First 5G iPhone May Launch in 2021 with First-Party Apple Modem

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The first 5G smartphones are expected to launch this year — but not the first 5G iPhone. And a new report suggests that Apple’s next-gen 5G smartphone may be farther off than previously expected.

Previous rumors suggested that Apple may hold off on debuting a 5G iPhone until 2020 at the earliest. But now, UBS analyst Timothy Arcuri says that there’s an “increasing potential Apple may not be able to ship a 5G iPhone for 2020.”

Instead, the first 5G iPhone may actually launch in 2021 when Apple develops an in-house 5G modem, Arcuri wrote in an investors note on Tuesday.

That’s largely because there won’t be a 5G chip available in time for an iPhone launch in the fall of 2020.

Since Apple is in the midst of a legal battle with Qualcomm, the latter company’s 5G chips are off the table (barring a settlement between the two firms). Apple has dumped Qualcomm as a modem supplier, for the most part, in recent iPhones.

But Apple’s current modem-maker, Intel, probably won’t have a “single-chip, backwards-compatible 5G modem in time,” Arcuri writes. More than that, alternative suppliers, like Samsung or MediaTek, are “unlikely solutions” for the Cupertino tech giant.

On the other hand, Arcuri says he still believes that Apple is developing a proprietary 5G modem that could debut in 2021. In other words, he says Apple may hold off on a 5G iPhone until its own in-house modem is ready.

There’s a lot of evidence that Apple is, in fact, working on first-party modem technology. It’s been restructuring its hardware teams and is expanding into Qualcomm’s backyard. But it’s impossible to know, at this point, when an Apple modem would be ready. There have also been past reports corroborating the fact that Apple may struggle to have a third-party modem in time, which may necessitate a proprietary solution.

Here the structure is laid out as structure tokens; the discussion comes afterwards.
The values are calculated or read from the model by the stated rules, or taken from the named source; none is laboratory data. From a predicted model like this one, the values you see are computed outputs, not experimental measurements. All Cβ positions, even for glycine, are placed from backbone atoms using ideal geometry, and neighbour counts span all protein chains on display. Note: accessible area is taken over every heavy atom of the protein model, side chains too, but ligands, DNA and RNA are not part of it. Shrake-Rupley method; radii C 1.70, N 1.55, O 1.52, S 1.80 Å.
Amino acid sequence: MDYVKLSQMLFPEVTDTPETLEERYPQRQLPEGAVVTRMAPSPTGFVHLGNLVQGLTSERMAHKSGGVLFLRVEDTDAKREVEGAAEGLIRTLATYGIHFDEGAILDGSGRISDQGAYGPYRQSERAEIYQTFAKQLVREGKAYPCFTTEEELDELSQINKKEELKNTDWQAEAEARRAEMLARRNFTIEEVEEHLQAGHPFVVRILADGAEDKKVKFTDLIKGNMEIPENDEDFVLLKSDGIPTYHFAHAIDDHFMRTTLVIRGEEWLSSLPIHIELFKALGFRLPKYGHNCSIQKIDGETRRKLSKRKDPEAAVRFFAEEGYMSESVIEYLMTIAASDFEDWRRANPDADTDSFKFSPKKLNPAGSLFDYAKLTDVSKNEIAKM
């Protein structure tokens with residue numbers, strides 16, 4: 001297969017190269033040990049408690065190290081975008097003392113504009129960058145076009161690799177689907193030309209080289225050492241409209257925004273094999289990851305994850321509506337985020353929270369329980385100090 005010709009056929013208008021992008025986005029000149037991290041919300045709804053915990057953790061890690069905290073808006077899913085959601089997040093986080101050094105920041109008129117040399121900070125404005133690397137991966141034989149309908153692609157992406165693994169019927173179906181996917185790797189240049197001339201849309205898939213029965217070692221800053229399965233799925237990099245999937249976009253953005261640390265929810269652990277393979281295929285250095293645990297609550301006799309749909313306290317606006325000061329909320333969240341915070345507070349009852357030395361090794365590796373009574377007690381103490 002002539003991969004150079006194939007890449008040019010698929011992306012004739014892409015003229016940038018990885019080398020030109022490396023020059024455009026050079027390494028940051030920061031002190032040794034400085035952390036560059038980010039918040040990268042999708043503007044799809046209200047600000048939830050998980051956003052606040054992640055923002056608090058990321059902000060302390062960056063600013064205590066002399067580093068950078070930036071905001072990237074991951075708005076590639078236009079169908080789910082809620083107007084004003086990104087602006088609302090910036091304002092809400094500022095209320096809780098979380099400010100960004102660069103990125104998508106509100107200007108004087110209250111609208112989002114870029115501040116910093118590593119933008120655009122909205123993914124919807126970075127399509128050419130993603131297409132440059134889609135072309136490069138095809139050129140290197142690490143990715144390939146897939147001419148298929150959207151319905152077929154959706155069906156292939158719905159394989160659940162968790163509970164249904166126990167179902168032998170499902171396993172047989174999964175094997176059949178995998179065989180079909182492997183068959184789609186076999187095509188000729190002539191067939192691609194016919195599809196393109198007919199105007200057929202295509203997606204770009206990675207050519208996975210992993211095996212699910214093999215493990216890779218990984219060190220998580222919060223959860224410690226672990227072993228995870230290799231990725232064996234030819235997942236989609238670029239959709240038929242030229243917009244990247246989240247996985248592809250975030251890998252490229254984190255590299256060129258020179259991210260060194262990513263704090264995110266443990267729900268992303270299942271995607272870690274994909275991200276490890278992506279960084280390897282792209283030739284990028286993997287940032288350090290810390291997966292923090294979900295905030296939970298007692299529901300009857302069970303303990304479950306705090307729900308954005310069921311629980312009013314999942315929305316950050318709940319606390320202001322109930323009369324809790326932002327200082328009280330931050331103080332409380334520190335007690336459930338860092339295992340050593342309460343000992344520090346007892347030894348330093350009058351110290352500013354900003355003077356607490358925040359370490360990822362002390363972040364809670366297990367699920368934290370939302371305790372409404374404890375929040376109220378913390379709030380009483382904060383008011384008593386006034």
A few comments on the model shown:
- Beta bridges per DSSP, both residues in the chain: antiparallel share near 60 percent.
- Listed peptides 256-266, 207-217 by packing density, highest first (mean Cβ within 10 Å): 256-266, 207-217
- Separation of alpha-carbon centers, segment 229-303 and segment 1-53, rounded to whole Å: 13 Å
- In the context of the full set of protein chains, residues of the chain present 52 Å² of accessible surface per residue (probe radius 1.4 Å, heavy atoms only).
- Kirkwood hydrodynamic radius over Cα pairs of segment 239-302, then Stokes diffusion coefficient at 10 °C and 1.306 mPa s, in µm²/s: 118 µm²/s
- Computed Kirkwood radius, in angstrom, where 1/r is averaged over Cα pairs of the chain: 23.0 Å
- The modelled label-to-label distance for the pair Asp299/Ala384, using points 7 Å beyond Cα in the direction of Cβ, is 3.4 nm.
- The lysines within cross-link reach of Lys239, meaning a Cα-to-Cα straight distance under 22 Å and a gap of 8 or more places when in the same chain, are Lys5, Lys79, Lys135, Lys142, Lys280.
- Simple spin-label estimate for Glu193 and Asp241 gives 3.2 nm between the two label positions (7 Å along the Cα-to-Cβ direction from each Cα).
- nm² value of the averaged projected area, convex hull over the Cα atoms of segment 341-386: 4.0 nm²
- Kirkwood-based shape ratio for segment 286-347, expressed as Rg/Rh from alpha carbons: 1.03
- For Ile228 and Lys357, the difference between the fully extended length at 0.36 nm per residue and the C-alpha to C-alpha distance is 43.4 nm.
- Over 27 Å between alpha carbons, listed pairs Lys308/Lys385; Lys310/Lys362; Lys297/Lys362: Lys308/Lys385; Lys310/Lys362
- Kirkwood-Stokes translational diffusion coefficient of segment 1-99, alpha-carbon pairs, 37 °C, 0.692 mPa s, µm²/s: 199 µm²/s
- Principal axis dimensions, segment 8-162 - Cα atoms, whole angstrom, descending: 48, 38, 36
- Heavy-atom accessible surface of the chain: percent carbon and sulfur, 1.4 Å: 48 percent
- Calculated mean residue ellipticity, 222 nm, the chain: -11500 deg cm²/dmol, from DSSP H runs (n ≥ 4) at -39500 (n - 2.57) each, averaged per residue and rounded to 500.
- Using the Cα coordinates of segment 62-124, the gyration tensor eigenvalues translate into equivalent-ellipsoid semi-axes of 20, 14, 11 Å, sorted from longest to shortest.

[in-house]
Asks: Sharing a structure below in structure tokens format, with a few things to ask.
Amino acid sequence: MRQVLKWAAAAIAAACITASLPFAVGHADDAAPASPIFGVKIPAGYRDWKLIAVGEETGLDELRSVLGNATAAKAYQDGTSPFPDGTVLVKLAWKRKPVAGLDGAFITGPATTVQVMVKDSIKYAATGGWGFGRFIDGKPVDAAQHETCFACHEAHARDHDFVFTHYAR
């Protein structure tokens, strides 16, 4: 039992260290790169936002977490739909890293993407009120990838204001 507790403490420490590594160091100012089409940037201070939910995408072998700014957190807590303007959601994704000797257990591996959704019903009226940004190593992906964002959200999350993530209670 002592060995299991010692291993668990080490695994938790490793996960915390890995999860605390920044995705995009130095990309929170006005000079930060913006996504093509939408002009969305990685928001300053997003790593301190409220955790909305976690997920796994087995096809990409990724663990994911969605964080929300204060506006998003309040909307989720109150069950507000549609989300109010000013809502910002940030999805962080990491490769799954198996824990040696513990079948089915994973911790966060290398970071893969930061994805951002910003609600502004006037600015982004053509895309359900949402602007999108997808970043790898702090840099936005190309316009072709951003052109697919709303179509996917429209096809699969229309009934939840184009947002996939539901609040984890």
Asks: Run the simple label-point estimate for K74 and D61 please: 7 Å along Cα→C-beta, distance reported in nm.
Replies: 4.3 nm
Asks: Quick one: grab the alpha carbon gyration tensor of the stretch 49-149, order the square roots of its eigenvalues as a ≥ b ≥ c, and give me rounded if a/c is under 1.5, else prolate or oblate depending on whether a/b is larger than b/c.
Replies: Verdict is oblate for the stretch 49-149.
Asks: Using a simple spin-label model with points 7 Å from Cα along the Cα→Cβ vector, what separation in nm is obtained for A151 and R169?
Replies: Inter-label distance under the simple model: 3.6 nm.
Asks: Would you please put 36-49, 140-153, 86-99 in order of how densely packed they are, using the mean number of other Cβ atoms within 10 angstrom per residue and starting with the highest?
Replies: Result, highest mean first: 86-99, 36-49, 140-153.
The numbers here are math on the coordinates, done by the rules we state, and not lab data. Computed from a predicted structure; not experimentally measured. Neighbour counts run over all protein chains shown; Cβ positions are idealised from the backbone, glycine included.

Intel is expected to debut its first 5G modem in consumer-facing products next year. That casts a bit of doubt on Arcuri’s claim. But it’s worth noting that Apple will need to stringently test and integrate Intel’s modem with its own hardware and software, and it isn’t clear how far Intel or Apple are in that process.

Interestingly, Arcuri even believes that Intel’s best course of action may be to sell its modem operation, perhaps to Apple — its largest client.

Arcuri notes that the lack of a 5G iPhone may hurt Apple, but that blow could be softened by the large amount of users who need to upgrade from older iPhones.

“Though lack of 5G iPhone next year would be a near-term headwind, our install base and replacement analysis suggests iPhone can ultimately grow over the longer term,” Arcuri writes, giving AAPL a buy rating and setting $215 as the share price target.

[The information provided in this article has NOT been confirmed by Apple and may be speculation. Provided details may not be factual. Take all rumors, tech or otherwise, with a grain of salt.]

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